Thousands of Syriacs survived by fleeing to nearby Arab-majority countries, and hundreds made their way to the Holy Land, following routes originally learned through pilgrimage or trade. They found refuge in what would become British-occupied Palestine, and many moved into what became known as the Syriac Quarter. Today, most have moved out of the tiny compound into other neighborhoods of Bethlehem, but the area remains at the heart of community life. Atop a hill just beside the quarter sits the Mother of God Syrian Orthodox Church, the highest in the city, while a social club is located in a cavernous hall in the heart of the area.
Soon after taking up residence as the local priest, Nimeh launched a curriculum at Bethlehem’s Syriac-funded Mar Ephrem School that includes Aramaic classes, a first in community history. For over a decade, under his instruction students have been studying the community’s ancestral tongue, and a new generation of youth enrolled at the school—both Syriac and non-Syriac, Muslim and Christian—are speaking the tongue again.
The word Aramaic originally comes from “Aram,” a historical region in northern Palestine, and it became the official language of administration across the Middle East after the Assyrian Empire conquered the region and deported locals from the area. As a result of the deportation, the language spread far and wide and took root in many far-flung corners of the Empire. It is a point of pride among Syriacs that Aramaic was the lingua franca of the entire Middle East for more than a millennium.
The written language resembles an older, formalistic Arabic script known as Kufi and many letters are deceptively similar in appearance, almost like a cross between Arabic and Hebrew. The relationship actually flows in the opposite direction, however, as the Aramaic alphabet helped birth the Arabic and Hebrew alphabets and the three languages are closely related. The rhythm and sounds of Aramaic strongly resemble Arabic, and while full of cognates easily recognizable by Arabic speakers, the language is somewhat heavier on the “khs” and “shs” in terms of sound. To give an idea of the similarities between the languages, “Our Father who art in Heaven” is rendered “Abouna fi al-Sama” in Arabic and “Aboun da b-Shmaya” in Aramaic.
Although the definitively non-Christian Assyrian Empire originally spread the language across the region, today it is closely associated with the religion given the fact that Jesus spoke a version of it (albeit a completely different dialect). However, despite the central place the language has as a marker of Syriac identity, almost no one in Palestine actually speaks Aramaic. Archbishop Sewerios Malki Murad, the head of the Syrian Orthodox Church in the Holy Land and Jordan, says that today, only perhaps 10 percent of Syriacs in Palestine speak or understand the language. He added that many of the community’s great-grandparents only spoke Arabic as well. The language thus has an almost phantasmic presence in the lives of community members, a potent sign of a historical identity that few can actually parse but all take pride in.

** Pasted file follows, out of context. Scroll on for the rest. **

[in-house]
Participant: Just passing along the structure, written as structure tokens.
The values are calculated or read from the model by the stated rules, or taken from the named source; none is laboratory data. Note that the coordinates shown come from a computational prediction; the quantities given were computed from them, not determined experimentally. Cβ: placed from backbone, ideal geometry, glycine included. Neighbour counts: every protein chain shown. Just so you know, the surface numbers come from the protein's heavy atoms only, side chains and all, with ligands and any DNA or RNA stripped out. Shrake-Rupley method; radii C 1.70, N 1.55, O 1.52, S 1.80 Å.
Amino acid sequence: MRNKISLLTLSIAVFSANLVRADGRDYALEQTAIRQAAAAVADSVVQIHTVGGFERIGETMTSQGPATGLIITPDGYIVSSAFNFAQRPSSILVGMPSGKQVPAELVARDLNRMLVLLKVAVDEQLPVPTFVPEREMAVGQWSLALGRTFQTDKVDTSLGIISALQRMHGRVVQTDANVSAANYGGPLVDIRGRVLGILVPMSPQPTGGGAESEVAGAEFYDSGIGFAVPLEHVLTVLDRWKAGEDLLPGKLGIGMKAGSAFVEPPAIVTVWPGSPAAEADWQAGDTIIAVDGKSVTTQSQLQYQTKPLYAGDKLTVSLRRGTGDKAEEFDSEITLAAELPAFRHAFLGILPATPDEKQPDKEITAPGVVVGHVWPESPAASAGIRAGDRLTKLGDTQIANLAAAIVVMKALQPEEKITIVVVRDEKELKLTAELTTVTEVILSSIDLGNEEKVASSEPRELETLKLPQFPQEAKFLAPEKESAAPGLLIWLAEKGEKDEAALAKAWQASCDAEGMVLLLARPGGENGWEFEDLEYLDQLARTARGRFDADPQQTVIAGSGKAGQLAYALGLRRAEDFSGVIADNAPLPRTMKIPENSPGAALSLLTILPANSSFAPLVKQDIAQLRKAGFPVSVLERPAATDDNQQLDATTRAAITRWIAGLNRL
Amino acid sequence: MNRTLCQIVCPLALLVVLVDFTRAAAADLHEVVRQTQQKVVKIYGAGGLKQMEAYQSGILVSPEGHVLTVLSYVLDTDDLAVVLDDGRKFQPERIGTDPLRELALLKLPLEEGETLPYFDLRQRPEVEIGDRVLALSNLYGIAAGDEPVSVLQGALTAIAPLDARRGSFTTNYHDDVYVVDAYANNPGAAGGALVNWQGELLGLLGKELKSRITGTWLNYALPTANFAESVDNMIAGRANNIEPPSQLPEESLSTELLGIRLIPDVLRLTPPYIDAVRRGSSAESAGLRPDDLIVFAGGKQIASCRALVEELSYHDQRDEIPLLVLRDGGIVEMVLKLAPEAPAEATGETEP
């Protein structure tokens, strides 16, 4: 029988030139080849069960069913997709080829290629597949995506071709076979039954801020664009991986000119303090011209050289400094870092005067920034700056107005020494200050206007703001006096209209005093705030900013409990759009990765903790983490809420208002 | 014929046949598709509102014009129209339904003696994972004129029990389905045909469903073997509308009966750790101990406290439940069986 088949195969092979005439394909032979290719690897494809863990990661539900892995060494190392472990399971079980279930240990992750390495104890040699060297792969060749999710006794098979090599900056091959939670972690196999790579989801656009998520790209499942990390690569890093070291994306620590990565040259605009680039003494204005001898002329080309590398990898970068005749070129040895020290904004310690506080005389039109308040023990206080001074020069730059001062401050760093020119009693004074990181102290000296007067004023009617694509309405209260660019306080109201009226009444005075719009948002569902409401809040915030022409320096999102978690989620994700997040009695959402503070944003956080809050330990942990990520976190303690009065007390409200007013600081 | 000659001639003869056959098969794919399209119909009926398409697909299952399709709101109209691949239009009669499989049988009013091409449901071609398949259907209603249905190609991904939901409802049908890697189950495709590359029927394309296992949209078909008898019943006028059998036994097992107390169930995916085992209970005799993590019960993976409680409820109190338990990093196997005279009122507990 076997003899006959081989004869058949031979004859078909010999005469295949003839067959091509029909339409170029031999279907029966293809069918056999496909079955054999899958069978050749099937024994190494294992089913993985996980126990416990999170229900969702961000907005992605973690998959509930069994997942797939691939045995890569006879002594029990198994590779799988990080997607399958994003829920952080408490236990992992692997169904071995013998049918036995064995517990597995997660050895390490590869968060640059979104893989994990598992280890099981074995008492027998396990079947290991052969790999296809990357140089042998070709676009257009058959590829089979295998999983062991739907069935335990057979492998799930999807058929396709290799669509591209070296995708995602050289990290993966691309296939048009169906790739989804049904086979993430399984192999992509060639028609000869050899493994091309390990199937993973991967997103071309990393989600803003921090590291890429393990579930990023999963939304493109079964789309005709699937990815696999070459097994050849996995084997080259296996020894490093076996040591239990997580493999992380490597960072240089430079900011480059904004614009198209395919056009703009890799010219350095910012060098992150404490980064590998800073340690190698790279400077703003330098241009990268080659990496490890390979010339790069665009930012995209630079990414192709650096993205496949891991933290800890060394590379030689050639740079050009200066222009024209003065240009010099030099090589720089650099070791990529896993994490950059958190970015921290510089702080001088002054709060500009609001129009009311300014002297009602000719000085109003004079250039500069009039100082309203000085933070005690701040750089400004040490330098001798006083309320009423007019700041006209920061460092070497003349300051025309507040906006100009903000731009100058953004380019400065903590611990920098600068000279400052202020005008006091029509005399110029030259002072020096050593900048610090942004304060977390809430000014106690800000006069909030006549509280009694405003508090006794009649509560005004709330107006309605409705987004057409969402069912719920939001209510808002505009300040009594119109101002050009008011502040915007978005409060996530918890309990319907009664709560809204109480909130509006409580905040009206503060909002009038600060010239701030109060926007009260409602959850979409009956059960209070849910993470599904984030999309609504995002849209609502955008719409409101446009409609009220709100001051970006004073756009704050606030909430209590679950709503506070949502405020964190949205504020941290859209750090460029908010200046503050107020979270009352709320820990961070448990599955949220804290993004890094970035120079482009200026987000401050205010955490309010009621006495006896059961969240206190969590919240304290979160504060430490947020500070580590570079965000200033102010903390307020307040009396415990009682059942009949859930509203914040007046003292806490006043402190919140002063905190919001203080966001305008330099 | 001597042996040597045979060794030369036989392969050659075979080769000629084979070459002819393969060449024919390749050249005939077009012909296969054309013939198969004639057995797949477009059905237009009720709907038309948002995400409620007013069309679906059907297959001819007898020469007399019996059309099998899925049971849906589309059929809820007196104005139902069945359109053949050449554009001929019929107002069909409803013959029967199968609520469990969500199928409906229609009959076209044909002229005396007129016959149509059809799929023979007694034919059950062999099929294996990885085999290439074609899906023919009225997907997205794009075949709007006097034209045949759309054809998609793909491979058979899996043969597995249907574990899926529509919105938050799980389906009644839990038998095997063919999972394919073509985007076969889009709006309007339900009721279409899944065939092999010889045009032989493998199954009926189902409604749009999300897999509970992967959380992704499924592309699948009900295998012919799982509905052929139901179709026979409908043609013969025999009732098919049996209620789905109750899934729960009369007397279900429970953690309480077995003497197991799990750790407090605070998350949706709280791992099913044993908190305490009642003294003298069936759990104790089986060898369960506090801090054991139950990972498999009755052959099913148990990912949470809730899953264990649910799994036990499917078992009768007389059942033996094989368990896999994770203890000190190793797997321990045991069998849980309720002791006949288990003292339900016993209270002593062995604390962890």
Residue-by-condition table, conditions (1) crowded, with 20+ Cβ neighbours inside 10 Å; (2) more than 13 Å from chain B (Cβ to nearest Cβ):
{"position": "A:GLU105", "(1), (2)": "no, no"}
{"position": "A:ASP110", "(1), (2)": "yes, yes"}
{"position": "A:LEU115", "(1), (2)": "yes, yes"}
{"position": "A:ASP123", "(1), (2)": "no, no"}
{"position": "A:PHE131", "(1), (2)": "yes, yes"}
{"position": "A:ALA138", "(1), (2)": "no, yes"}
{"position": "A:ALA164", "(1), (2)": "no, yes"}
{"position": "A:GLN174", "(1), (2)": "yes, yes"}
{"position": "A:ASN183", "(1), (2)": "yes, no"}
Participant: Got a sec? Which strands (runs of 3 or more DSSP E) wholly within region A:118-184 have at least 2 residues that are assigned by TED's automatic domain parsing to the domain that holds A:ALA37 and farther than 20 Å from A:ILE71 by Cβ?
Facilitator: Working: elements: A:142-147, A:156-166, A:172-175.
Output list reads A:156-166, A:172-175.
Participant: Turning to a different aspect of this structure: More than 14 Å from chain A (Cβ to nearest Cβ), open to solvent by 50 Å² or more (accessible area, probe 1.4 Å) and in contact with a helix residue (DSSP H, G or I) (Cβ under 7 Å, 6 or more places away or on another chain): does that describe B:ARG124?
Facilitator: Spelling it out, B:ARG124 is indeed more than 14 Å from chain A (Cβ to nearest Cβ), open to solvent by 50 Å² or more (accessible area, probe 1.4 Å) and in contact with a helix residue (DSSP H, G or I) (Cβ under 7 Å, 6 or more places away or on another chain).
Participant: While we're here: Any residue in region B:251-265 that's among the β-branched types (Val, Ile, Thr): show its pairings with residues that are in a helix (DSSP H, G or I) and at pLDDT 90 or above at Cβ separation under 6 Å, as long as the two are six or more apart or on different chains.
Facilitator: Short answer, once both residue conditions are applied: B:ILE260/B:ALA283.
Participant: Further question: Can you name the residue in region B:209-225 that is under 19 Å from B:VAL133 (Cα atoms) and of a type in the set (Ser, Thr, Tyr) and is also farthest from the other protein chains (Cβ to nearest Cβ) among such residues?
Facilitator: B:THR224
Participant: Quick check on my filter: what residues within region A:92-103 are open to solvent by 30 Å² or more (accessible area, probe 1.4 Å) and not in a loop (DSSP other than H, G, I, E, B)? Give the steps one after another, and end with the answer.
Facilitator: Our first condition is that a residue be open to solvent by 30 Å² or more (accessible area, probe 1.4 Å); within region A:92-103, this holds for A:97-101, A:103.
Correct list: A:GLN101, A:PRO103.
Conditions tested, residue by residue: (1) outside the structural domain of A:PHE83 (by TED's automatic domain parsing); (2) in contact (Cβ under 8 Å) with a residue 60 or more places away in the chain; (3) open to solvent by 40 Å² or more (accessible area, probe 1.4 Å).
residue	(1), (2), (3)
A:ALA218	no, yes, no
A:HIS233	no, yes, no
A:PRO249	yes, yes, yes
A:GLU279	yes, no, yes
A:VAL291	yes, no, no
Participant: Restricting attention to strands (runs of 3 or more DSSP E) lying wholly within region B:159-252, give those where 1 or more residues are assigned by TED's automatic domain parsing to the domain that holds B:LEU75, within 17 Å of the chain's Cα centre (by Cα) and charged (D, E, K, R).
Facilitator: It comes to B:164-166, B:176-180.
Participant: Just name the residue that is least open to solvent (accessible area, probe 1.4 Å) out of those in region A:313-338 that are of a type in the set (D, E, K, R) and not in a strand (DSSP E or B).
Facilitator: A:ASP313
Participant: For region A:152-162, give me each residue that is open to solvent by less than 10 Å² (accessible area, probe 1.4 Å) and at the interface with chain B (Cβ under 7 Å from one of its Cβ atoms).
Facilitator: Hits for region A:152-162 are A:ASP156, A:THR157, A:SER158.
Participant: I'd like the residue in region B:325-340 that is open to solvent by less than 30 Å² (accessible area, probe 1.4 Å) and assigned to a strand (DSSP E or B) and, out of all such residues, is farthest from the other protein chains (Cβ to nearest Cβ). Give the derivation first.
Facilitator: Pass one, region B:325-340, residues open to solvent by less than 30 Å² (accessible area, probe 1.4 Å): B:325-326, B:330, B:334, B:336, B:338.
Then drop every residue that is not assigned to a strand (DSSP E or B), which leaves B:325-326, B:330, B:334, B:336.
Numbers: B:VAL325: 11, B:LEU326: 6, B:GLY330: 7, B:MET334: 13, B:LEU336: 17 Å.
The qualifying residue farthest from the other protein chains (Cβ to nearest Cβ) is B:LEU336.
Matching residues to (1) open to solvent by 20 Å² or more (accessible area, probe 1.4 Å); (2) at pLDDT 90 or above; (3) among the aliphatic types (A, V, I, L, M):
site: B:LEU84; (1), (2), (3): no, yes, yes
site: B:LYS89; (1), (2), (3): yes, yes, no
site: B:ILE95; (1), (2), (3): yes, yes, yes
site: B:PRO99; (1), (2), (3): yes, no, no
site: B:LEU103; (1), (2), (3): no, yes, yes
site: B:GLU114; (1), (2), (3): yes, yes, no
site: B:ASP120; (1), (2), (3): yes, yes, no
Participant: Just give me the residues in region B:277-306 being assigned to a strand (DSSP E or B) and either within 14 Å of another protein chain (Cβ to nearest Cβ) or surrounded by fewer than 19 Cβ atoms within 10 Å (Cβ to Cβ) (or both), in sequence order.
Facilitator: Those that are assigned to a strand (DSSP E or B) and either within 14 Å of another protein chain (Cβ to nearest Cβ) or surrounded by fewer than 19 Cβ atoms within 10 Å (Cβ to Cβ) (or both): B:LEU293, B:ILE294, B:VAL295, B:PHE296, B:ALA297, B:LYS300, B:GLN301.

“People are happy to see kids talking and singing in a language that their parents can’t even understand,” Nimeh says.
For Syriacs in Jerusalem and Bethlehem, Palestine has become the primary homeland
So far, the language classes fall far short of a general revival, and no one in the community is expecting Syriacs to drop Arabic for Aramaic as a home language any time soon. But the hope is that the language will take on a more personal dimension for members of the community instead of being restricted to church. The use of language in religious services does not necessarily have strong implications for group identity, just as the continued use of Greek in Greek Orthodox churches around the world does not necessarily tie the faithful to that country, or as the use of Latin in Catholic churches did not necessarily engender affection for the Roman Empire.
But Aramaic is different, given that the community sees itself as an ethno-religious group tied primarily by the history of its language. Unlike their Assyrian/Syriac counterparts in northern Iraq or northeastern Syria, for whom their sense of identity is tied to physical territory where the community predominates, for Syriacs in Jerusalem and Bethlehem, Palestine has become the primary homeland (even if events facing Syriacs elsewhere are closely followed). Although some have returned on visits to see their ancestors’ homes in what is now Turkey, the connection to those villages has been lost in the intervening century. In this context, language preservation is one of the few ways to hold onto the community’s tenuous history. And given the community’s limited funds, the Aramaic classes function as a crucial symbolic start for a community defined by a linguistic heritage that feels far removed from current realities.